Periodontal (Gum) Disease: What exactly is it?
If you have an infection of the bone and soft tissues that support the teeth this is also known as periodontal or gum disease. The beginning form of gum disease is known as gingivitis and typically only affects the soft tissues of your mouth.
More advanced forms of the disease infect bones and supporting structures of the teeth. Once the periodontal disease has become advanced you risk both permanent bone and tooth loss.
What are the common causes of gum disease?
A number of factors can contribute to your risk of developing gum disease, including plaque and bacteria buildup in the mouth, hormonal shifts, smoking, nutritional deficiencies, some prescription medications, uneven teeth and even genetics.
If you notice that your gums are bleeding when you brush your teeth then you should request an appointment with your dentist as this can indicate gum disease. Because your mouth contains millions of bacteria, great oral hygiene every day is a must - to disrupt the bacteria.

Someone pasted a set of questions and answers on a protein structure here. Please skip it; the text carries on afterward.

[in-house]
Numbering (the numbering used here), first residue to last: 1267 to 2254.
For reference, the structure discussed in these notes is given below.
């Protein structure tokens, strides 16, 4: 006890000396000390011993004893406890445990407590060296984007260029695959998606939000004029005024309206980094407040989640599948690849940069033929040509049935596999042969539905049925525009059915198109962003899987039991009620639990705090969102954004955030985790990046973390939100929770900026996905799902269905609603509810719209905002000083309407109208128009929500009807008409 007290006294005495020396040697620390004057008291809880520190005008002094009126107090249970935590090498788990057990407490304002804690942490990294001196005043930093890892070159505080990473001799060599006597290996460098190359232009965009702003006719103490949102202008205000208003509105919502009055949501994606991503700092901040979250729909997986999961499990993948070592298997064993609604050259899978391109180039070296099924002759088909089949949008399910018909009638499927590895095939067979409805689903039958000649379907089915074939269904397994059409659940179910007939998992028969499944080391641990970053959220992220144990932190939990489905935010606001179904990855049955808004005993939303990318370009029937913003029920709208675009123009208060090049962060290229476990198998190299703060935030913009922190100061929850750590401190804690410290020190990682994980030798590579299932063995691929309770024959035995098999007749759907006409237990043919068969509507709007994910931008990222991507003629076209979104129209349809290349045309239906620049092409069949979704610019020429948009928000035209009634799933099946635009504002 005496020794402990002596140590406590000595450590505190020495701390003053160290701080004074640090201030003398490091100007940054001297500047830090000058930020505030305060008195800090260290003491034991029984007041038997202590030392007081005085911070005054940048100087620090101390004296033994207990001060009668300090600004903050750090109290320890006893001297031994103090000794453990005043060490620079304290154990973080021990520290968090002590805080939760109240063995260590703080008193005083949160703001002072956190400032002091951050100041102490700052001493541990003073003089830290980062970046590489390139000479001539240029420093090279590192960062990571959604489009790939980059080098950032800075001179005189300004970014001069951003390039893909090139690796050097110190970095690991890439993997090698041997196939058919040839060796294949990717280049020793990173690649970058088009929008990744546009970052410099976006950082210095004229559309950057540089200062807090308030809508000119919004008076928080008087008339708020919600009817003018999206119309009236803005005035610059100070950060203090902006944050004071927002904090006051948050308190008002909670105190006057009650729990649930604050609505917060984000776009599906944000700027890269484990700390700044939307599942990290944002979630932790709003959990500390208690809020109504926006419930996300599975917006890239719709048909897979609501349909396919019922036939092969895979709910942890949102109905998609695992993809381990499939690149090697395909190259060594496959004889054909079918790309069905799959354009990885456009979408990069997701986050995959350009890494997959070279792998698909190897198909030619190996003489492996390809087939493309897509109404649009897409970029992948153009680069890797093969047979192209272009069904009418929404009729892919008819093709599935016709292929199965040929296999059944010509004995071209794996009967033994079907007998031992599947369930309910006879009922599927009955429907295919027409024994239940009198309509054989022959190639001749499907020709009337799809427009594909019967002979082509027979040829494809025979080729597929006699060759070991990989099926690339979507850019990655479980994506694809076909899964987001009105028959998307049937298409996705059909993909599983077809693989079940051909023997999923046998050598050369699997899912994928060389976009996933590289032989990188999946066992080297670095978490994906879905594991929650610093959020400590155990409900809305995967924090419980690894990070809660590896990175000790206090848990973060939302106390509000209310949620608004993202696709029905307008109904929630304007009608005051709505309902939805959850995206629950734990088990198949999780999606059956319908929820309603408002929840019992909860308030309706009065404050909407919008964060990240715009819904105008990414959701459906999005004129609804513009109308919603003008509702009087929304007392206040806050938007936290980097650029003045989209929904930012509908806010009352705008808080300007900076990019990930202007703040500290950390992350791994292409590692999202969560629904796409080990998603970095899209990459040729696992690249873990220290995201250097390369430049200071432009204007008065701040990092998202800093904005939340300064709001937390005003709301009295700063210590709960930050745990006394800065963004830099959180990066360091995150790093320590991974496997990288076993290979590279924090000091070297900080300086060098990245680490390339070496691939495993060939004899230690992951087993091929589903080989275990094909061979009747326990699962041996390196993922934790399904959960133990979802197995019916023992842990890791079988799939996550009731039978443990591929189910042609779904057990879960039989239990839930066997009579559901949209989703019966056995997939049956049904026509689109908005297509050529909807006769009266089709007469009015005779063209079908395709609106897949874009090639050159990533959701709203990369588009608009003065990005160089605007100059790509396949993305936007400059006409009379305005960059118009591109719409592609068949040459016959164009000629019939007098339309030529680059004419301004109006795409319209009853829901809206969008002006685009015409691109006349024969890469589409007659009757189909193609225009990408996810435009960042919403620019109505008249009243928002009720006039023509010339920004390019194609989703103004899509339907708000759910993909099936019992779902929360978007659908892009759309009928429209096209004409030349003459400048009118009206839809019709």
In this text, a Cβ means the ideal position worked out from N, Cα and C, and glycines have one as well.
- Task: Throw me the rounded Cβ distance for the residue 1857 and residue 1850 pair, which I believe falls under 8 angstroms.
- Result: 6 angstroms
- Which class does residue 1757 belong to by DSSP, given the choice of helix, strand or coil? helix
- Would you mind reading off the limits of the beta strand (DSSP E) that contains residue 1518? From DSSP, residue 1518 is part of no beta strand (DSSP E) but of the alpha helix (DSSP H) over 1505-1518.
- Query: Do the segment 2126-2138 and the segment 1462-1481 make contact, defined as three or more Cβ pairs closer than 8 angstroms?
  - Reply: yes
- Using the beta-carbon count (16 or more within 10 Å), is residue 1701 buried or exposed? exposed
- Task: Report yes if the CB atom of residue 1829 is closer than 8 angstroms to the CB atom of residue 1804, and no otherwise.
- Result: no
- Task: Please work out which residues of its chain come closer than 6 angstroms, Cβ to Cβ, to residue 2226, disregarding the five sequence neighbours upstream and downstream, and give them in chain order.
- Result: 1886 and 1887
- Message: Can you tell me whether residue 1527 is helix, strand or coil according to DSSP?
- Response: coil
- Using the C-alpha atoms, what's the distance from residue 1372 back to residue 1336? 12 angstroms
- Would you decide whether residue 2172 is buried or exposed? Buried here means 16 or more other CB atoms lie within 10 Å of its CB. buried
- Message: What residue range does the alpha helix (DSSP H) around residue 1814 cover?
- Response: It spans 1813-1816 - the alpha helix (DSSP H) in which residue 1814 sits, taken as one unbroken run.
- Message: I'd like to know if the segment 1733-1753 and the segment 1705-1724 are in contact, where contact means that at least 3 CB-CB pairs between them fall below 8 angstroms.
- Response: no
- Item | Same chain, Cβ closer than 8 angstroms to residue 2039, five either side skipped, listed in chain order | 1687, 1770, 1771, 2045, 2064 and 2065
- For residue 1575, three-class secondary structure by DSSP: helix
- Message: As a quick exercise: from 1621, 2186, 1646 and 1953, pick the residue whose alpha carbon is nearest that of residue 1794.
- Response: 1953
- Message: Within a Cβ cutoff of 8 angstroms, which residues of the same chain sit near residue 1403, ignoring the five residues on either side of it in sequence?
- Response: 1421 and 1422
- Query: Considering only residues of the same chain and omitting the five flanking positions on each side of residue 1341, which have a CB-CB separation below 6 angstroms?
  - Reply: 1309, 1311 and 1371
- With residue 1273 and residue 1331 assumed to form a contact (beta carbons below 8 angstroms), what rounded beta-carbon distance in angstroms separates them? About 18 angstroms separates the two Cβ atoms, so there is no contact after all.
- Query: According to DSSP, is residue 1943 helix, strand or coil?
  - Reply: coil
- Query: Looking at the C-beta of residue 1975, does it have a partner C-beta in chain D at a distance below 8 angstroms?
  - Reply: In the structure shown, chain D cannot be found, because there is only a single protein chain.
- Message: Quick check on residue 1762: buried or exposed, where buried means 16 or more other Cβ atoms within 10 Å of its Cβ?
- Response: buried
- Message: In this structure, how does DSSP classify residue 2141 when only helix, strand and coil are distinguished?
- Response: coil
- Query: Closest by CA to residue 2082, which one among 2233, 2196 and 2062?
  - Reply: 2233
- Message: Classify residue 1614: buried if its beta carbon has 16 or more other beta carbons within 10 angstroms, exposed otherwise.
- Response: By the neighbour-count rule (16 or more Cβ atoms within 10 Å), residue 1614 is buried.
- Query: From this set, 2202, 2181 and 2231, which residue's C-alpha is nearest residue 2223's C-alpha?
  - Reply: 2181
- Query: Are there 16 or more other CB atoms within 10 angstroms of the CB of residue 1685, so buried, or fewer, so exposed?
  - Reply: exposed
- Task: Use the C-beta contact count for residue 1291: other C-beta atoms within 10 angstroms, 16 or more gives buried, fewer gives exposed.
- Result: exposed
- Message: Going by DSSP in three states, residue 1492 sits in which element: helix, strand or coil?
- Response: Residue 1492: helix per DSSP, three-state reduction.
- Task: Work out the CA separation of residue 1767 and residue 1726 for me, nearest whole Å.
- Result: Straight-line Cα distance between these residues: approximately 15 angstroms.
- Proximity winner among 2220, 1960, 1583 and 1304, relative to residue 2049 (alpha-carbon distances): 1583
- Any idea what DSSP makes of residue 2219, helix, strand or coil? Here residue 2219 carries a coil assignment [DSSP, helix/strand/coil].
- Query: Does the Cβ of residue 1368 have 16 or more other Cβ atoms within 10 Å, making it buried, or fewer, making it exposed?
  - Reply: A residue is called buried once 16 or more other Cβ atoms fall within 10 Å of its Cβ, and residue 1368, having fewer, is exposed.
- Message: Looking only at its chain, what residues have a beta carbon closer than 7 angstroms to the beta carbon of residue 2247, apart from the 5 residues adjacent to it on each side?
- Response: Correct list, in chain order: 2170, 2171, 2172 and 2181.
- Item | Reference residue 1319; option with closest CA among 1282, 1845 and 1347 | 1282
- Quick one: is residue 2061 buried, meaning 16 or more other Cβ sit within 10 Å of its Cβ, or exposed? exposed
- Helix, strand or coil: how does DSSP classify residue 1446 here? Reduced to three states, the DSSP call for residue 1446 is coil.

Your body will take note of the infection and send extra blood to the area to try to clear the bacteria. This is the cause of gingivitis. The excess blood may cause swelling, soreness, bleeding and redness. Your body thinks it has an infection - this is called gingivitis, and it won't heal until the source of the infection is eliminated.
Bacteria can be found in plaque, tartar or calculus, pockets beneath the gums (in cases of advanced gum disease), cavities, abscesses and chipped teeth. They may also hide in old dental work, as repairs to your teeth create an edge or margin that bacteria can adhere to.
Is there anything you can do to prevent gum disease?
The best possible option for preventing gum disease is to ensure daily at-home oral hygiene and routine professional oral care.
None of the above-listed factors alone can cause gum disease to develop and thrive. If you maintain a rigorous and thorough oral hygiene routine, it will be very difficult for gum disease to start to take hold.
For example, while you may be prone to plaque buildup (perhaps due to genetics), as long as you brush and floss your teeth twice a day and visit your dentist as prescribed for regular professional cleanings and checkups, chances are that gum disease will not be able to fully develop.
Whether a pregnancy causes a hormonal shift, you take prescription medication or are a regular smoker, the most common cause of gum disease is the unimpeded development of bacteria and plaque in the mouth.
Most of the time, gum disease can be easily prevented with a good oral hygiene routine. While the issues listed above can increase your risk (and make prevention more challenging), whether it actually develops comes down to the decisions you make every day about your oral health practices.